# Finite number of poles meromorphic function on Riemann-sphere

Let $$f$$ be a meromorphic function on the Riemann-sphere $$\hat{\mathbb{C}}$$. I want to show that $$f$$ can only have finitely many poles. I know the set of poles is discrete, and if I can prove that this set is closed, I am done since a closed discrete subset of a compact set is neccesarily finite. For closedness, I run into several issues.

I was thinking, the set of poles is the complement of $$U$$, the set of points where $$f$$ is holomorphic. If would be a function on just $$\mathbb{C}$$, I would be done since I would know that $$U$$ is open. Is the same true for the $$\hat{\mathbb{C}}$$?

A meromorphic function $$f$$ on a region $$D \subset \hat{\mathbb{C}}$$ is defined as a function such that each $$z \in D$$ has an open neighborhood $$U \subset D$$ such that either $$f$$ is holomorphic on $$U$$ or $$f$$ is holomorphic on $$U \setminus \{ z \}$$ and has a pole in $$z$$.

This implies that the set $$P \subset D$$ of poles of $$f$$ is discrete and closed in $$D$$ (note that $$D \setminus P$$ is open in $$D$$ by definition). The set $$P$$ may of course have accumulation points in $$\hat{\mathbb{C}} \setminus D$$ if the latter is nonempty.

In your question we have $$D = \hat{\mathbb{C}}$$ which is compact. Hence $$P$$ is a compact discrete set and therefore finite.

Note that this is an immediate consequence of the definition of a meromorphic function. "Holomorphic on $$D$$ with the exception of isolated poles" means in particular that the set of non-poles is open - otherwise it wouldn't make sense to speak about holomorphy in these points.

• You say that $D\setminus P$ is open $\textit{by definition}$, but I don't see how this works. If $f$ is holomorphic at $z_0\in \mathbb{C}$, it is also holomorphic at an open neighbourhood of $z_0$, but how does the same work for $\infty$? – Johnduck Jun 3 at 16:36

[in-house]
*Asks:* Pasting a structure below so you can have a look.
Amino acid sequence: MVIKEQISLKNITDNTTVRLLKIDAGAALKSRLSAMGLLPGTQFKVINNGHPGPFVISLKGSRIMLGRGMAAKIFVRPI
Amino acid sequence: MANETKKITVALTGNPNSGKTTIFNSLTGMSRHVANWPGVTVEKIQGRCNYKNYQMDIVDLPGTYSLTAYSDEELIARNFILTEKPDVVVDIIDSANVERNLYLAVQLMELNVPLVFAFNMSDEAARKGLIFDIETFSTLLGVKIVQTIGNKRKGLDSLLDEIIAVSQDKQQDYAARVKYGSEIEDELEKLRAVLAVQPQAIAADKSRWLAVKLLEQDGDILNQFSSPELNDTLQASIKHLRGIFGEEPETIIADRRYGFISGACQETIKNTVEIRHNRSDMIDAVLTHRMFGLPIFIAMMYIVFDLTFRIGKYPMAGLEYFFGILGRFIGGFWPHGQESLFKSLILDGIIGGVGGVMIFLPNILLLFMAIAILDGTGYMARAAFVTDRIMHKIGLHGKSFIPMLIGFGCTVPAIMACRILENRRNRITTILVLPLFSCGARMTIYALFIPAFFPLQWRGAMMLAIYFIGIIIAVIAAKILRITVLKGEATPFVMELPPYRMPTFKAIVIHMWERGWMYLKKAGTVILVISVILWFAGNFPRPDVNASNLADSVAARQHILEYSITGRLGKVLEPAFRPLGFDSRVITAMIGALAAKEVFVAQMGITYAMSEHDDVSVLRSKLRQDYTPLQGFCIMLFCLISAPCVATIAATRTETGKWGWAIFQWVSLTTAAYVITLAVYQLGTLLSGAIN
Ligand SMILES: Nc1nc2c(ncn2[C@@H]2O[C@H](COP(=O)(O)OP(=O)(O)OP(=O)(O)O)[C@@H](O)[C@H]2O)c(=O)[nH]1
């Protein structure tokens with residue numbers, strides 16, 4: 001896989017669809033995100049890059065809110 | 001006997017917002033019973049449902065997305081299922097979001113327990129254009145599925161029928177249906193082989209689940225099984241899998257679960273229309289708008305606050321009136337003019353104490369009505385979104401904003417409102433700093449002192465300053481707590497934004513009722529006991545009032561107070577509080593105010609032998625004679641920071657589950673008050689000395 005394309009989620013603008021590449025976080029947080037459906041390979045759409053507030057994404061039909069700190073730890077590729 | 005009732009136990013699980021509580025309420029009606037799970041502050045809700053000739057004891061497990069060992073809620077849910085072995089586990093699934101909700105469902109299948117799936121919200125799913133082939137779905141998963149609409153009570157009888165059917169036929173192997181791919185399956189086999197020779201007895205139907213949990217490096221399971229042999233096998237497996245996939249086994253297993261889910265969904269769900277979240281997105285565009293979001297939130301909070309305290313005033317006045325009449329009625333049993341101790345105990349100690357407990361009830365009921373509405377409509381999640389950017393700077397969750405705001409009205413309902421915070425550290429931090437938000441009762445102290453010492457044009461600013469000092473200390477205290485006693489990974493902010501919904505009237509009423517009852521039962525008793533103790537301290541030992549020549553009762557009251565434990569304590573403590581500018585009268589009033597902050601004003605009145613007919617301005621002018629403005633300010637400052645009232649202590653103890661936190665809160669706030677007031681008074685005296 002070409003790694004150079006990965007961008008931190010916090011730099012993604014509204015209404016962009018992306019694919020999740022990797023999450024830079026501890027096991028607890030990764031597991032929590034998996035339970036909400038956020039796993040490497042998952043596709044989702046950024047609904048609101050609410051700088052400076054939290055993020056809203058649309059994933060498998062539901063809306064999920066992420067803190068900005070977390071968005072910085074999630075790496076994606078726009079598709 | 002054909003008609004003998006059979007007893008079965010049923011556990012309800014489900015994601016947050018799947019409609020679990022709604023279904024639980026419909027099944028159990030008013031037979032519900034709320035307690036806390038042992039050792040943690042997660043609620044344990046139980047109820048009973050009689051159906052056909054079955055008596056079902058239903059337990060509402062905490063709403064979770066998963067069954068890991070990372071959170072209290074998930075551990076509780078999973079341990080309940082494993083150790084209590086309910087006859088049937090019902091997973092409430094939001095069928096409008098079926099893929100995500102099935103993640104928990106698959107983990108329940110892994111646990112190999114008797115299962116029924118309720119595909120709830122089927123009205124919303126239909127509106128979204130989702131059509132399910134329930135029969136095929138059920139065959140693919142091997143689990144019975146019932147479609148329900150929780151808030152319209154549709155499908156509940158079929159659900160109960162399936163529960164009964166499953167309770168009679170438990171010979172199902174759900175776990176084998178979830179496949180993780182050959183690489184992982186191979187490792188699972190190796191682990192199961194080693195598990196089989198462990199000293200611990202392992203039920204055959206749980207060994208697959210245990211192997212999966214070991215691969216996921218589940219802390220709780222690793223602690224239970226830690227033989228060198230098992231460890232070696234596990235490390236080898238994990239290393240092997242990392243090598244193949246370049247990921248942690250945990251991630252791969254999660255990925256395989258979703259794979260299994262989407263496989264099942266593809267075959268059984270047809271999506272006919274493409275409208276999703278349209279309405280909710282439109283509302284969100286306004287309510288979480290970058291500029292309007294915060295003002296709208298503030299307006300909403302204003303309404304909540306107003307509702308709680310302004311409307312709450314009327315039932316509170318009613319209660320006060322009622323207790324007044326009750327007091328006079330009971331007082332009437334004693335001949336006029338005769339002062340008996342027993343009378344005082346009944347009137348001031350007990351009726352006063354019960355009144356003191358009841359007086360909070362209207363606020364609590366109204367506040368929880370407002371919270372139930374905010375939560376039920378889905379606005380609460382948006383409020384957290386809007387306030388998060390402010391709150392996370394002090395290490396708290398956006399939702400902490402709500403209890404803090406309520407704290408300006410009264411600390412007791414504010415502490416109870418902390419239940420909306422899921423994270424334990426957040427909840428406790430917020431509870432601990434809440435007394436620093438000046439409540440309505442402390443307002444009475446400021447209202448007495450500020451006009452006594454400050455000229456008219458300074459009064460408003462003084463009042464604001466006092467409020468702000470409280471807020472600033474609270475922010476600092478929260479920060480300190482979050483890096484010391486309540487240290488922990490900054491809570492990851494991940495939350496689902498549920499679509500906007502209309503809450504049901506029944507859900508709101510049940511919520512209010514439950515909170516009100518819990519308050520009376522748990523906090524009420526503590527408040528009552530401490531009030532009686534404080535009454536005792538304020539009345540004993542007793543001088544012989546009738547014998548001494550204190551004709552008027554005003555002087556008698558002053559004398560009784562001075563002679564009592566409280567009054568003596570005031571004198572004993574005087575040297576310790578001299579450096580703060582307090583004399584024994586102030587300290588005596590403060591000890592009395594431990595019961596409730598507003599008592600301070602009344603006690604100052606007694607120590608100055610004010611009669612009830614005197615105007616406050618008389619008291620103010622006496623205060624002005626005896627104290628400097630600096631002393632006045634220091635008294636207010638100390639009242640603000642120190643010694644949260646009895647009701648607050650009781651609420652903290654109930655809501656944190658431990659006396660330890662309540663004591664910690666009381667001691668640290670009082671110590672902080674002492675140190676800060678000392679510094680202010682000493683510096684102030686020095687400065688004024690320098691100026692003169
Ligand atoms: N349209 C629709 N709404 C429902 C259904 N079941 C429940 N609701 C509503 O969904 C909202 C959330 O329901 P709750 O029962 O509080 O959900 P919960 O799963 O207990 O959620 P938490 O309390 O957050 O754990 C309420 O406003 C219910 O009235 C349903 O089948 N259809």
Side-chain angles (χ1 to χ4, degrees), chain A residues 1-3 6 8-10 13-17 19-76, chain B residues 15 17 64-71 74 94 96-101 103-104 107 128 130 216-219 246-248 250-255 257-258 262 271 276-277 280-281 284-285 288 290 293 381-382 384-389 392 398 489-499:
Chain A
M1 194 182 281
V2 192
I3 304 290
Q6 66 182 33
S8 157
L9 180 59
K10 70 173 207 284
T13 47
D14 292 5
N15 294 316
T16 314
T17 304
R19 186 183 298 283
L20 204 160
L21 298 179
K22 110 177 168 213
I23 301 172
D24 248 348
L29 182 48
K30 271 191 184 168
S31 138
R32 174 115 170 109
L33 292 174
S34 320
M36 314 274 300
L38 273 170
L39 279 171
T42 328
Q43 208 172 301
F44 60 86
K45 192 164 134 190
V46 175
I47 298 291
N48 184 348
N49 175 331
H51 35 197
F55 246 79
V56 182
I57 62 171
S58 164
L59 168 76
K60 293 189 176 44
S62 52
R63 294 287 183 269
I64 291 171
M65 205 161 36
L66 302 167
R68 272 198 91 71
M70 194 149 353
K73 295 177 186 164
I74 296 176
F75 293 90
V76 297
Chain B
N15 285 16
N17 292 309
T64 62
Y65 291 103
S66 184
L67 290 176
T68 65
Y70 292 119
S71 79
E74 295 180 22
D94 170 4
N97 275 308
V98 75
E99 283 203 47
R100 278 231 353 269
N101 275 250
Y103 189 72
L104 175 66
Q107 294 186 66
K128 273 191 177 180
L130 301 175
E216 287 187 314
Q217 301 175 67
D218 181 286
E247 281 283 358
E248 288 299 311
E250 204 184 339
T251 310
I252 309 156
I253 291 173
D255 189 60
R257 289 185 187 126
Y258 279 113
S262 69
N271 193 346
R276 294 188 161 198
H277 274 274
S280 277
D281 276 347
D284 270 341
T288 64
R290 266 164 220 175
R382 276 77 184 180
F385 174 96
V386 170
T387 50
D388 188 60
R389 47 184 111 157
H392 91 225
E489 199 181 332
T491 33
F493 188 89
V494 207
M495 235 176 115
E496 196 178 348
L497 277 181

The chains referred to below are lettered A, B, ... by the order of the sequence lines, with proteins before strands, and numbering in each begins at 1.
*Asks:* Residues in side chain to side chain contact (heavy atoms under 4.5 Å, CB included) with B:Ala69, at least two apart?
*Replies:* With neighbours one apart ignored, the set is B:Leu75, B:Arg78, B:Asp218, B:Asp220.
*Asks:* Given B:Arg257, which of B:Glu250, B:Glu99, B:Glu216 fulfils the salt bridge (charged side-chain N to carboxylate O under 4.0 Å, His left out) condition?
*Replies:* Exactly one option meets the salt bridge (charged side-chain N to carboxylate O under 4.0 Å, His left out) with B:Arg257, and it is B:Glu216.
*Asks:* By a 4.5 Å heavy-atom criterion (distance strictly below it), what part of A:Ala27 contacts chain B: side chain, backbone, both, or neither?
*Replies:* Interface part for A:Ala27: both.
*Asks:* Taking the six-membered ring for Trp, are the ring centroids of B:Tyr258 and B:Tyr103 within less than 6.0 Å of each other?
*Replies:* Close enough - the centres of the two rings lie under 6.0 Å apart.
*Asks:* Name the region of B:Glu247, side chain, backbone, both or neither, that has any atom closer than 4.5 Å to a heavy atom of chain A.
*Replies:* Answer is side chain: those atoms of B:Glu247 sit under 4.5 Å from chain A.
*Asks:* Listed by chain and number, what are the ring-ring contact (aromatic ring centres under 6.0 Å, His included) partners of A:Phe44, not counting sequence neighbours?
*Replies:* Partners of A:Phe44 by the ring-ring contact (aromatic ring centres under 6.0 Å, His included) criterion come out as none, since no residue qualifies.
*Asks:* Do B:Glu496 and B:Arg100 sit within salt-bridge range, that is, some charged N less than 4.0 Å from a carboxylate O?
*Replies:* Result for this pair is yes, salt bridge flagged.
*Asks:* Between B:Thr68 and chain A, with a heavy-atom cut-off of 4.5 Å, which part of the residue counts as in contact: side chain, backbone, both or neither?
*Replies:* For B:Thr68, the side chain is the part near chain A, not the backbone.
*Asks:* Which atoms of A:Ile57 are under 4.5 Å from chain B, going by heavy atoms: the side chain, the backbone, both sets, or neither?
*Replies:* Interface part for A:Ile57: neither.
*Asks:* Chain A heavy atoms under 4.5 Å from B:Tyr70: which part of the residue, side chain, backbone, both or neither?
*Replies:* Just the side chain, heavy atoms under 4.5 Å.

• Holomorphic at $z_0$ means that $f$ is holomorphic on some an open neighborhood $U$ of $z_0$. In particular. it must be defined on the whole set $U$. Is your question what it means that $f$ is holomorphic at $\infty$? – Paul Frost Jun 3 at 17:28
• In that case I suggest you ask another question, perhaps "What is the definition of a holomorphic map $f : U \to \mathbb C$ when $U$ is an open neighborhood of $\infty$ in $\hat{\mathbb C}$?" – Paul Frost Jun 3 at 17:43
• Note that a pole at $\infty$ is perhaps easier to understand: It simply means that $f$ is holomorphic in $U \setminus \{\infty\}$ and $\lvert f(z) \rvert \to \infty$ as $\lvert z \rvert \to \infty$. – Paul Frost Jun 3 at 17:49
• Final remark: Let us accept that there is a reasonable interpretion of "$f$ holomorphic at $\infty$". No matter how it is defined, the essence of my answer is this. For a meromorphic $f$ there are two types of points $z \in D$. Type 1: $f$ is holomorphic in an open $U$ neigborhood of $z$. Type 2:$f$ is holomorphic in $U \setminus \{ z \}$, $U$ an open neigborhood of $z$, and has a pole at $z$. – Paul Frost Jun 3 at 18:47